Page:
# The weights of ice cream cartons are normally distributed with a mean weight of 9 ounces and a standard deviation of 0.4 ounce. What is the probability that a randomly selected carton has a weight greater than 9.12 ounces? A sample of 25 cartons is randomly selected. What is the probability that their mean weight is greater than 9.12 ounces?

The probability that a randomly selected carton has a weight greater than 9.12 ounces is about 38%. The probability that the mean weight of 25 cartons is greater than 9.12 ounces is about 7%.

Hello!

Denote the random variable "weight of a randomly selected carton in ounces" by `X . ` It is given that `X ` is normally distributed with the mean `mu = 9 ` and the standard deviation `sigma = 0.4 .`

To answer the first part, convert `X ` to the standard normal random variable `Y = ( X - mu ) / sigma , ` then `X gt= 9.12 ` is equivalent to `Y gt= ( 9.12 - mu ) / sigma = 0.12 / 0.4 = 0.3 . ` Now we can use the normal distribution table to determine that `P ( Y gt= 0.3 ) approx 0.5 - 0.12 = 0.38. ` The number `0.12 ` is from the normal table for `0.3 , ` which means about `0.12 ` of values are between `0 ` and `0.3 . ` There are a half `(0.5) ` of non-negative values because the standard normal distribution is symmetric, so the part of interest has the probability of about `0.5 - 0.12.`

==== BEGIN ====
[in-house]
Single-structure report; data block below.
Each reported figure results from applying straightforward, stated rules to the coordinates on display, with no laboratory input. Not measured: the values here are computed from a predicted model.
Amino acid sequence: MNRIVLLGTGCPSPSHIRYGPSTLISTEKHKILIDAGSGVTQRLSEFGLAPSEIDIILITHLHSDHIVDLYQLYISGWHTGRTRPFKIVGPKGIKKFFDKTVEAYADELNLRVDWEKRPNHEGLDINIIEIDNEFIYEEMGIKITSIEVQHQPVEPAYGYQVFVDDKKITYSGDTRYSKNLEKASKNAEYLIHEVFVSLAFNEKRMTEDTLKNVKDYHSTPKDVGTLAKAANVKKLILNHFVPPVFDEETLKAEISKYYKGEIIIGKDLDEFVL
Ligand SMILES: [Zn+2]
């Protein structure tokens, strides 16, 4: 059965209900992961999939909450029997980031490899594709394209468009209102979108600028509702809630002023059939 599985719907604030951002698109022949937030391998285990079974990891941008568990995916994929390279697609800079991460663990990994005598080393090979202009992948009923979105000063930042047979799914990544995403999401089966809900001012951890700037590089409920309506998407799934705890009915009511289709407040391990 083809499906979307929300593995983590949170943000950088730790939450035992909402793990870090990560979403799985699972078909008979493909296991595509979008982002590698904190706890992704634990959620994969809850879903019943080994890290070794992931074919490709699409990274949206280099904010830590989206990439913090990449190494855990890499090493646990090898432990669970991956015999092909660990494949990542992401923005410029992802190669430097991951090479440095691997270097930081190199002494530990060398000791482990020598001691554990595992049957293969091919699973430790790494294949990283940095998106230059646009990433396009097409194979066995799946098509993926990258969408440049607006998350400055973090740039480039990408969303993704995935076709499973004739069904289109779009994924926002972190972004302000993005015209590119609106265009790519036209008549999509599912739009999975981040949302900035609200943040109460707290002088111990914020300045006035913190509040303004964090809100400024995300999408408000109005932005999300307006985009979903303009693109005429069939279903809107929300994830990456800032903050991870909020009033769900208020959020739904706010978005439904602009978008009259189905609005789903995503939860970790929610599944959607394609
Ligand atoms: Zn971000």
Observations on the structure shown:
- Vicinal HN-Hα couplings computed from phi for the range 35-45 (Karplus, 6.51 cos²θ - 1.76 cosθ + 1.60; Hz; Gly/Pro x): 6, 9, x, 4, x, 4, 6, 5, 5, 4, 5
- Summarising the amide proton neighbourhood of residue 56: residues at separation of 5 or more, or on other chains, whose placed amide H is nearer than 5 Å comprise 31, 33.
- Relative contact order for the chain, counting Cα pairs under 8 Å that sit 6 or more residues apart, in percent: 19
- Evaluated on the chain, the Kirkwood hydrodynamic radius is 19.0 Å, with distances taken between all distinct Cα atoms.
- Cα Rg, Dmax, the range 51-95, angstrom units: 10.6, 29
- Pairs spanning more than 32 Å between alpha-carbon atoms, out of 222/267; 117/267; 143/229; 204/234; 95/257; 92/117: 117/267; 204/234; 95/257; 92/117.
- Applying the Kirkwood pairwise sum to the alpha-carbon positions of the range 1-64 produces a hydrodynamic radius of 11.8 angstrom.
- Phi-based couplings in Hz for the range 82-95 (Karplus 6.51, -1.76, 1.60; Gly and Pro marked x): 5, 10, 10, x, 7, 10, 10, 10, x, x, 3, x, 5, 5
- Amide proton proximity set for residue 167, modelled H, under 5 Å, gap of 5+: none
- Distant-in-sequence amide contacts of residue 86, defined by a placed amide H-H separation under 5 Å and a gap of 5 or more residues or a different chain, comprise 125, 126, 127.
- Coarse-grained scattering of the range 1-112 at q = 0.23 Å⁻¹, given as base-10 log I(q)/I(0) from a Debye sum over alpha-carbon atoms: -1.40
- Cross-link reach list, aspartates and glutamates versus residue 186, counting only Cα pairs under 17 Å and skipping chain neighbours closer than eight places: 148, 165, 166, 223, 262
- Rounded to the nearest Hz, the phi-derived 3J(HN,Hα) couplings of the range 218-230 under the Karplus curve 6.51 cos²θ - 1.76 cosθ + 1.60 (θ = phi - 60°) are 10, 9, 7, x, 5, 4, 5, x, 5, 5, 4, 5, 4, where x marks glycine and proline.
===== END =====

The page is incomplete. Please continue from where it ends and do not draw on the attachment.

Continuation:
To answer the second part, recall that an averaged series of `n ` independent normal variables with the same parameters `mu ` and `sigma ` is again a normal random variable `bar X ` with the mean `mu ` and the standard deviation of `sigma / sqrt ( n ) . ` Here `n = 25, ` so the new standard deviation is `0.4 / 5 = 0.08 .`

Normalize `bar X ` to obtain `bar Y ` and the inequality `bar Y gt= 0.12 / 0.08 = 1.5 . ` Now the standard normal table gives the value of about `0.43, ` so the probability in question is about `0.5 - 0.43 = 0.07 .`